Brave the rain
Whatever your adventure in the great outdoors, it’s always a smart to pack rainwear. Staying dry can be about comfort for your activity, and even safety. A wet body is one that risks hypothermia when colder weather creeps into the equation – and the effects of that can range from energy loss to complete shutdown. So yeah, it’s kinda important.
Warm or cool?
Once you’ve stashed the skis for the season, you might be asking yourself “how warm do I need to be when my jacket gets wet?” It’s exactly why some waterproof jackets are insulated and others aren’t. Sure, you can wear your waterproof ski jacket in a July downpour, but you might be risking heat exhaustion. For those warm adventures when showers threaten, you’re better off with a light un-insulated jacket designed to nothing more than keep you dry and comfortable.
Soft or Hard?
This is a question that really depends on your activity. Softshells tend to be less waterproof than their hardshell cousins, which makes them perfect for brief rain showers when you’re doing a lot of moving – like rock climbing. But if you’re planning a long trek in areas where rain is heavy and constant (hello West Coast Trail!), you’ll likely want to have a hardshell that’s fully seam taped, with storm closures under the front zipper, drawcords and vents…AND a healthy dose of breathability.
Active or Urban?
If all you have to do in the rain is stand by the soccer sidelines, you don’t really need a breathable jacket – just one that keeps every droplet off your phone in your pocket. The great news is that these jackets cost less than the ones that offer “moisture management” in the form of breathable technologies. Those are the ones you need when you’re going on long and strenuous hikes or steep trail runs.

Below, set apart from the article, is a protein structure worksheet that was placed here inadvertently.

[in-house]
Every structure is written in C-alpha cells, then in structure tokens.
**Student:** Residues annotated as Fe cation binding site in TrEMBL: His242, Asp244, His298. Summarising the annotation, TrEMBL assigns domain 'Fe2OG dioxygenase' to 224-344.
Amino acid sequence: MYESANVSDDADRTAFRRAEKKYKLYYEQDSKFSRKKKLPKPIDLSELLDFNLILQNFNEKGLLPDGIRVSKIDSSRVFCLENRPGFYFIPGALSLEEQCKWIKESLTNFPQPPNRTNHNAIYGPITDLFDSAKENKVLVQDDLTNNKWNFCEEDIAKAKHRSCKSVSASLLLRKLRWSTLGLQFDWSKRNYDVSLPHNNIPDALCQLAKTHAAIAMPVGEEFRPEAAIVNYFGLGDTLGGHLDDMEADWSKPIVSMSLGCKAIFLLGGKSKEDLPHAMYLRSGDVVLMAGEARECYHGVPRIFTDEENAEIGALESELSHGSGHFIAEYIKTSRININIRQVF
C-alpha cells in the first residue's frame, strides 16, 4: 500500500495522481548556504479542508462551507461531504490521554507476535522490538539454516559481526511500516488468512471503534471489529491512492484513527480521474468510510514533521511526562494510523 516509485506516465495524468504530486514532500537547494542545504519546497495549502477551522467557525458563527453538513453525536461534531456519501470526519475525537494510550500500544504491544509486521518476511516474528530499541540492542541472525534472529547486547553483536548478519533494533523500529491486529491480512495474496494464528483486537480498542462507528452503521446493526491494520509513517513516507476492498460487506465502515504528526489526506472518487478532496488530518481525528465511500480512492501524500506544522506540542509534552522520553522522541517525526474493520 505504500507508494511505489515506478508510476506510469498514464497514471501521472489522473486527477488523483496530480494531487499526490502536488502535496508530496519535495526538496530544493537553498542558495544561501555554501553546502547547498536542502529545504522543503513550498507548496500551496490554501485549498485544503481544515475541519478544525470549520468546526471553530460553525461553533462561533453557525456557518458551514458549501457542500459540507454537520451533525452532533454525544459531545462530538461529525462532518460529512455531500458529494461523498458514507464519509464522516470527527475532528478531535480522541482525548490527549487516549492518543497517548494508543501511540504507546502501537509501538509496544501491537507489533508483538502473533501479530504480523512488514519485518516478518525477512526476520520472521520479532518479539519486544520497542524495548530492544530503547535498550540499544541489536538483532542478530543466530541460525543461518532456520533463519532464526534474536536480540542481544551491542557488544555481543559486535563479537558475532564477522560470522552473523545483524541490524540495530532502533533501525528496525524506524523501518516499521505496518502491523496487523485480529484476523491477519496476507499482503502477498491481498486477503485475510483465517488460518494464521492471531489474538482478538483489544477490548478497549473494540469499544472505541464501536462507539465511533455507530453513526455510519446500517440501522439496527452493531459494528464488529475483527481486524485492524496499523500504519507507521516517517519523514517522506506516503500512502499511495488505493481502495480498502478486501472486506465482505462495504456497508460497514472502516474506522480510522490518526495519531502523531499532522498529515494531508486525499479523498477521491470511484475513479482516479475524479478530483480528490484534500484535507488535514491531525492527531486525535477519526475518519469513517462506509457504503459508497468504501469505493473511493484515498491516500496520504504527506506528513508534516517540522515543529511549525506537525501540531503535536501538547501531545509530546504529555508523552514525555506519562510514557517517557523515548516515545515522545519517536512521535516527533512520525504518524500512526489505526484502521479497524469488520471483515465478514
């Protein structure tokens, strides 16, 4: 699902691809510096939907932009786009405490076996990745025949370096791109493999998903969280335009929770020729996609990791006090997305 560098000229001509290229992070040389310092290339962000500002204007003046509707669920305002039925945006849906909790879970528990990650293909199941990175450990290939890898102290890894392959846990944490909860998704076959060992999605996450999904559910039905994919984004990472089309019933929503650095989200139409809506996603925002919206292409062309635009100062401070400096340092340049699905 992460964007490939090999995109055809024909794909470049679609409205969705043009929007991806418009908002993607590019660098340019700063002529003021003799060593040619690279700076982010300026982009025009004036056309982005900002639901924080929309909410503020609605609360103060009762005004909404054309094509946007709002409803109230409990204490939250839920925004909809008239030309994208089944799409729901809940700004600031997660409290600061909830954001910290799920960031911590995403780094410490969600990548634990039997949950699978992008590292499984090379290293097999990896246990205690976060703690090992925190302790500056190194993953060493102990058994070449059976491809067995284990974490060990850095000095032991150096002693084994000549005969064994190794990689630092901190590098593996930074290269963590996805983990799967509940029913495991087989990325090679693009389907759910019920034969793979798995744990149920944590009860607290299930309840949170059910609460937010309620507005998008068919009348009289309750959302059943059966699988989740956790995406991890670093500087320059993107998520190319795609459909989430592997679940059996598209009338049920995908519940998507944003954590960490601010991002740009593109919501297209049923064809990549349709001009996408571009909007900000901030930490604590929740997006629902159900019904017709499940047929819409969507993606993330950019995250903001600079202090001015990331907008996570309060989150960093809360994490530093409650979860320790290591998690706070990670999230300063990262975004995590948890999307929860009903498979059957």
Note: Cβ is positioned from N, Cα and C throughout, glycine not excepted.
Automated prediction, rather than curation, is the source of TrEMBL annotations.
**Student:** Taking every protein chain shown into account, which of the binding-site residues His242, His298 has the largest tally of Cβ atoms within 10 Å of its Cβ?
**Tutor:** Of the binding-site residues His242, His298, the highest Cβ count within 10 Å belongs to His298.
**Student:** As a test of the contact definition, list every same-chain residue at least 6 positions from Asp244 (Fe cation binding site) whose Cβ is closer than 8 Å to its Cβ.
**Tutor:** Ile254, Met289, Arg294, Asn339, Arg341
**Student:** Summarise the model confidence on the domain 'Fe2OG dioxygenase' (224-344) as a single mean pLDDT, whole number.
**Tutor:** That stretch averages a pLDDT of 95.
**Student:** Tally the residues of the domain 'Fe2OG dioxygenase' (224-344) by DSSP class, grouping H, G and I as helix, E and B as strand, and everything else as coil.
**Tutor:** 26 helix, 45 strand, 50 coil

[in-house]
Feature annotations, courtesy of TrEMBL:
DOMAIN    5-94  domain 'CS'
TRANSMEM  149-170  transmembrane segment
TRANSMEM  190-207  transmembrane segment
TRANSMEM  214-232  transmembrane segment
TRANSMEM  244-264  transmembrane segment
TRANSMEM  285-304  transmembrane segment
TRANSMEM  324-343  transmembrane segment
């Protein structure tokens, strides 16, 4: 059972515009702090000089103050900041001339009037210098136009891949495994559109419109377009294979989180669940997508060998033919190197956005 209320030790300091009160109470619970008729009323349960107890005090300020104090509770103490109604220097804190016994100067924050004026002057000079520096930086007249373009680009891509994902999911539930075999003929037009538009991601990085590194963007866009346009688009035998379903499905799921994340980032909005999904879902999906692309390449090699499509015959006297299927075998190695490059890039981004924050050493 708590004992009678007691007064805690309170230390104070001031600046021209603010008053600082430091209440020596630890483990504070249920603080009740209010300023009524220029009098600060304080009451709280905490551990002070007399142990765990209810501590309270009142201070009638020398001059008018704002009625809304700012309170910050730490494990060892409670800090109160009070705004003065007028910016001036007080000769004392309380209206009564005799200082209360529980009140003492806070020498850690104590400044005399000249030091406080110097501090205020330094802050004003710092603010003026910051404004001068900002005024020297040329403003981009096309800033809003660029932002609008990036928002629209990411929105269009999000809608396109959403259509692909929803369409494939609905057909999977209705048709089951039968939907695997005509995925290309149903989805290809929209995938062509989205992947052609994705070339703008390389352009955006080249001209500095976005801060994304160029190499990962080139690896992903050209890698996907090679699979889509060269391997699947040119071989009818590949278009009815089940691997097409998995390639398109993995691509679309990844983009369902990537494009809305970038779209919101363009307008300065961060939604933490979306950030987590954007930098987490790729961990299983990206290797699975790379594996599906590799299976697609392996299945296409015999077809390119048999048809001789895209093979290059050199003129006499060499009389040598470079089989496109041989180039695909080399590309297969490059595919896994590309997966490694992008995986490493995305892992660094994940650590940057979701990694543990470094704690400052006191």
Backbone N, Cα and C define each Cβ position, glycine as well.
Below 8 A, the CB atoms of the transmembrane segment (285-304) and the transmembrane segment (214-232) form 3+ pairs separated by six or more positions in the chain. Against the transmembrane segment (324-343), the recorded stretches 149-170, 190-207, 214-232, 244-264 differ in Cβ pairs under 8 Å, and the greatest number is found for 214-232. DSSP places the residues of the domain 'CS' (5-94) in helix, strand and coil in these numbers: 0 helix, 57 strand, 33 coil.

Hood or No Hood?
Some people just don’t like wearing hoods, which means the open bucket on their shoulders is doing nothing more than collecting rainwater. A better solution is a hoodless rain jacket (preferably with a light hood stuffed in the collar) that gives you the option of wearing a hat. Need to keep that dome bone dry? The best way to go is with a stout and peaked hood that you actually use, with drawcords to seal out the elements.
Long or Short?
The best reason for wearing a long trench coat is to keep your legs dry, unless you enjoy the sensation of rain rolling off your short waterproof jacket onto your very absorbent jeans. If you’re going to be wearing rain pants, the “shortie” is more than up to the task, but if you enjoy going for walks in the rain while wearing your trusty old blue jeans, you might well consider a jacket that extends beyond your hips.
Solo or 3-in-1?
With a jacket dedicated solely to keeping you dry, you can start to layer up for total comfort, adding your favourite pieces like a baselayer or insulating layer. It’s all about choices, right? But if you want to keep it dirt simple, you can consider a 3-in-1 jacket that does it all, including keeping you dry. Just toss it on over your t-shirt and you’re good to go when the heavens open up.
Different brands use different waterproof technologies. Some use industry standards like GORE-TEX, while others develop their own. And some, just to keep it interesting, use both. Here’s a look at some of the technology you’ll see:
- GORE-TEX® – Arc’teryx, Salomon, Merrell, The North Face
- POLARTEC® NeoShell® – Marmot, The North Face,
- MemBrain – Marmot
- Dry.Q – Mountain Hardwear
- HyVent – The North Face
- Helly Tech® – Helly Hansen
- H2No®– Patagonia
- Omni-Tech – Columbia
- M-Select DRY – Merrell